Alan was able to make the present giving part of Christmas Day but slept all day Christmas Eve. I joined my dad and brother at my brother's house with our two dogs for oil and cheese fondue. Despite a watery, then clumpy cheese fondue (bad recipe - made worse with my attempts to fix it) we had a great time. In a weird sort of coincidence, the next day my brother gave me the huge The New Best Recipe from Cook's Illustrated (the America's Test Kitchen people.) No recipes for fondue but that's the only thing I've found missing. I don't think I've spent time alone with just the two of them in years. My brother's sweet chocolate lab, Buck, was pretty tired of Gambit by the end of the evening but I think he still enjoyed the company. Gambit proved that he is not ready for visits to other people's houses by leaving little spots on the carpet even though I kept giving him opportunities to do his business outside. What is family for, though, right? We don't have carpeting, I wonder if that's part of the problem.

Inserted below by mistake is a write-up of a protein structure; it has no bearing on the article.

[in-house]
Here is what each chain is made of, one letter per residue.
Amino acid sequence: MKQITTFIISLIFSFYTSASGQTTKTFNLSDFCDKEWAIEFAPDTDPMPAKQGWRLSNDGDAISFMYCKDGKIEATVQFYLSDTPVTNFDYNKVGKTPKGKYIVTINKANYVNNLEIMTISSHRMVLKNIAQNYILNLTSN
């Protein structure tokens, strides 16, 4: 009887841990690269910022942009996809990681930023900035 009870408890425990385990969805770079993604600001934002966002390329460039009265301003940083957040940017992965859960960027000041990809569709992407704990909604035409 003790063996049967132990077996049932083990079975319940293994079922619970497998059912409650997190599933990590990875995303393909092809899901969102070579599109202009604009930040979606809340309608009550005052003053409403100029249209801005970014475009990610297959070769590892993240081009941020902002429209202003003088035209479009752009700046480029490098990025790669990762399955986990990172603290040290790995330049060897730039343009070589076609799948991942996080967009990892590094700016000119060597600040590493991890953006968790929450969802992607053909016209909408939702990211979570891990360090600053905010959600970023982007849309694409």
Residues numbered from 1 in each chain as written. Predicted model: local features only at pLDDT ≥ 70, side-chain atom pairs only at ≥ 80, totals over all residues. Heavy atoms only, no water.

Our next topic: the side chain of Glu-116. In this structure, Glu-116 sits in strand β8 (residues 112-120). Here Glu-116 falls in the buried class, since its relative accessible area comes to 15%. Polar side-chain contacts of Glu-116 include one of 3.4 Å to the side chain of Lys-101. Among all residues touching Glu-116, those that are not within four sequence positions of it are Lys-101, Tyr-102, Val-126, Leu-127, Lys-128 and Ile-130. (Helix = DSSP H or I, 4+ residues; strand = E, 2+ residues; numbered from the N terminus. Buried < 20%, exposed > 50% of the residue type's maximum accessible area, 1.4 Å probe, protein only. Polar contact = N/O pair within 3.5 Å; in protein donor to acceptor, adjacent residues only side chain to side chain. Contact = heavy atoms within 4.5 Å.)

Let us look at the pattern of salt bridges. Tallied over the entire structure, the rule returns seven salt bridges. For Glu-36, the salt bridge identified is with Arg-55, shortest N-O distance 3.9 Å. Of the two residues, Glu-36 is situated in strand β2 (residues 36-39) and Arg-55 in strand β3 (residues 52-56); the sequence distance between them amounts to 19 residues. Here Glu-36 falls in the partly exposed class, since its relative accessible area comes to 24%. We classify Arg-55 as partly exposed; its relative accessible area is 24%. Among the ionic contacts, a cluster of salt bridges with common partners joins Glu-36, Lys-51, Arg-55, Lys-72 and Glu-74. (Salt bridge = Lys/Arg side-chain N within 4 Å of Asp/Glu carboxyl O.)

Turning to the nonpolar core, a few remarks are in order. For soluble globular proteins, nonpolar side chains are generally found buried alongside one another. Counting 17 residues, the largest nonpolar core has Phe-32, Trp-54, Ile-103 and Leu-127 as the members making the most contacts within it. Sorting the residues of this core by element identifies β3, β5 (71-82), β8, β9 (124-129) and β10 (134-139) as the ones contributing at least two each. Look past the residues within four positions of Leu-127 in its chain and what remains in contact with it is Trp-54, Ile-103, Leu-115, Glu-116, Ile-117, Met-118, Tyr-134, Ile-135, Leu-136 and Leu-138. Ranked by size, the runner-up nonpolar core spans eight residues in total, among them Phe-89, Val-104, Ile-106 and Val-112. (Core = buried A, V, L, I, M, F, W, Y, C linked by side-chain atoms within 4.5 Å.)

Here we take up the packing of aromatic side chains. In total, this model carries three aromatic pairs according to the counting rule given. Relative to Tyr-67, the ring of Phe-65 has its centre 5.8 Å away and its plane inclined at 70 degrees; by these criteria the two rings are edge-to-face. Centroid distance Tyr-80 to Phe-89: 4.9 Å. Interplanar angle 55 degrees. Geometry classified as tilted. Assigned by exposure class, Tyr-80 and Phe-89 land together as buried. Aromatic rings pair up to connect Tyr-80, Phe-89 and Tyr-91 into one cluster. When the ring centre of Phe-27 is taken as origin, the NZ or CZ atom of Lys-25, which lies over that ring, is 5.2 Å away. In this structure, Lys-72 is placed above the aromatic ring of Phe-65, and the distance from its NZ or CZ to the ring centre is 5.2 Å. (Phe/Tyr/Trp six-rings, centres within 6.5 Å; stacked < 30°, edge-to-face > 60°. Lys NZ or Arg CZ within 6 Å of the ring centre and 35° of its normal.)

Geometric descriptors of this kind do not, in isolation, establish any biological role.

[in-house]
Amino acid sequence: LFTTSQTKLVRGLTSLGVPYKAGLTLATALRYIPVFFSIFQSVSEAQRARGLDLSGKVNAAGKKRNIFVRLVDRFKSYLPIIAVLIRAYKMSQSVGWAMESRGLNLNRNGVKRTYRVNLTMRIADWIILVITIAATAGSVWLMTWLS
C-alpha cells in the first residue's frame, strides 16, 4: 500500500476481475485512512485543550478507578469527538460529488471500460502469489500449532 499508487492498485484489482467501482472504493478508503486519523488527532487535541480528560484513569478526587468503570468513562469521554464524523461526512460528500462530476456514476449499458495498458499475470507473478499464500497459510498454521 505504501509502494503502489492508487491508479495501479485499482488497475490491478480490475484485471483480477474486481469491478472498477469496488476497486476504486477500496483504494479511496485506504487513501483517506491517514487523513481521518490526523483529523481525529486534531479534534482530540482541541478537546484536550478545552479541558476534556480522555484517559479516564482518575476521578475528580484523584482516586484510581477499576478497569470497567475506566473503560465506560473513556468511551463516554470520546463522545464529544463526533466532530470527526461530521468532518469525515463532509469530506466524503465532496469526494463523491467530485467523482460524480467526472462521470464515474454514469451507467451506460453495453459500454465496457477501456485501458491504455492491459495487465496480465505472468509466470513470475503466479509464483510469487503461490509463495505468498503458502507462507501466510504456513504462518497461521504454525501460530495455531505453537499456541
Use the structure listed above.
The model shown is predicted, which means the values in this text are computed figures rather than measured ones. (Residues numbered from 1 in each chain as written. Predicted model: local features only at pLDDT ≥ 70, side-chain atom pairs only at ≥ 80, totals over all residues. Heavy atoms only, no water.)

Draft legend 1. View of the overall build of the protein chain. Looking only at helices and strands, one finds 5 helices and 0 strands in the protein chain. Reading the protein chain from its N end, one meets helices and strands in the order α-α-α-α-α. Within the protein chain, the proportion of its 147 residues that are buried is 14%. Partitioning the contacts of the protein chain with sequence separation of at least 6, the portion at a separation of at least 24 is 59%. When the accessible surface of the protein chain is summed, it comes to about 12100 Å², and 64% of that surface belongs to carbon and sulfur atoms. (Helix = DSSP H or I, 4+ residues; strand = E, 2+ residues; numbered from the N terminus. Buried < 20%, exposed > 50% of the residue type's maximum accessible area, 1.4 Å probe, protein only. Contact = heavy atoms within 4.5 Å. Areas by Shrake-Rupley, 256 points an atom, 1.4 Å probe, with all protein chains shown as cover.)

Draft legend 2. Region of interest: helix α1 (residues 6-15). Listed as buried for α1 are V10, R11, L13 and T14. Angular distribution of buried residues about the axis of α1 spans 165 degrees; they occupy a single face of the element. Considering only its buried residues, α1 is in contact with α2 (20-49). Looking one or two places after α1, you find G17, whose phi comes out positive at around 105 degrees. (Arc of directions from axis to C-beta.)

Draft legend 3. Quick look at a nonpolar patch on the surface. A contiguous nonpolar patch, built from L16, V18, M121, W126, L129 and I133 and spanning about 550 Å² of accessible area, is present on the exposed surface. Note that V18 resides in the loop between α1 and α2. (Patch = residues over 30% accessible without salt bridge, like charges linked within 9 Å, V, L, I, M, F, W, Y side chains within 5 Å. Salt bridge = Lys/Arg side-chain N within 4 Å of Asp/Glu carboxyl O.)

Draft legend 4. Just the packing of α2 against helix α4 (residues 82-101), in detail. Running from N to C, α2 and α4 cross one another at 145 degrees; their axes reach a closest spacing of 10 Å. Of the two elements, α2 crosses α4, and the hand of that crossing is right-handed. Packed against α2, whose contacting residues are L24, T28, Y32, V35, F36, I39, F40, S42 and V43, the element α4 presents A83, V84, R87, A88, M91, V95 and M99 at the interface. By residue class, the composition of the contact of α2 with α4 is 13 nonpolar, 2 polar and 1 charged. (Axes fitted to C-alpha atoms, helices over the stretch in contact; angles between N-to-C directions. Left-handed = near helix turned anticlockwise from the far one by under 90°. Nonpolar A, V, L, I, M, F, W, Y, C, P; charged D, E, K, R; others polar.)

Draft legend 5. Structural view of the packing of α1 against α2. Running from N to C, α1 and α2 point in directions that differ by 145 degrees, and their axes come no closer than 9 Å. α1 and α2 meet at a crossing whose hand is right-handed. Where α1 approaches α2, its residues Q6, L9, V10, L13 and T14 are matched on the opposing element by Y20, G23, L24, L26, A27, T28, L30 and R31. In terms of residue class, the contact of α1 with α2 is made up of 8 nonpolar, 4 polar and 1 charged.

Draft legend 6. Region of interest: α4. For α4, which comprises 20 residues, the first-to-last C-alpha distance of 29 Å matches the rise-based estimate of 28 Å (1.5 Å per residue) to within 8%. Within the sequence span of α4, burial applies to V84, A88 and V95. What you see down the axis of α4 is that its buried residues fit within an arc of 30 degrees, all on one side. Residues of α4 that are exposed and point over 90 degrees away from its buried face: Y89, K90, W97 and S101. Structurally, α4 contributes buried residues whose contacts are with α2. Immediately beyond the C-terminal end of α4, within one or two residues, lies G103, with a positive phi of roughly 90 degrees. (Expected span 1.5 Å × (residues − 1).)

Before I got sick, I bought an $80 Singer sewing machine and spent the week before Christmas making some neck warmers and door draft snakes with beans and fabric remnants for some of our gifts. My mom wanted snakes that were taller than the ones you usually buy. I figured I could make ones that were prettier, too. Unfortunately, taller means wider, so they each take a lot of beans. No drafts will be getting by these babies. In a happy coincience, the beans are also often used in the neck warmers. Alan got his early, plus a little square one for laps and feet, and we both used them during the chills phase of the virus. Two minutes in the microwave and they stay toasty forever. I would love to make them for all of you living in colder regions but the shipping costs with the beans would be outrageous. If you'd like one or two, just shoot me an e-mail (with color ideas) and I'll make and send them empty. You can fill them with rice or beans. I used navy, pinto and kidney beans for the draft snakes since they were on sale and the smaller and more comfortable navy beans only for the warmers. I'd been carrying the idea with me that I'd be making curtains for our living room and my basement work area for the past year. After finding out how much it would take to fix up my grandmother's old machine, a new one seemed a better option. The $80 was well spent and I love this machine. It has all the stiches I'll need and has proven itself with denim, fleece and thinner fabrics. My sewing machine skills are not great, though I've been getting pretty good with straight seems. Despite my one required and one optional semester of Home Ec in Junior High, I only remember two things, how to measure Crisco using water and how to wind a bobbin on a sewing machine. I remember a lot more from Shop class. I was one of only two girls during the second, optional semester but my teacher loved me. He inspired in me a love of power tools. (To this day, I crave a drill press even though I'm not sure I'd ever use it.) I've decided a sewing machine is just another power tool but one with a gas pedal. Winding the bobbin is so much fun. I can almost picture myself in an old castle attic, getting ready to prick my finger.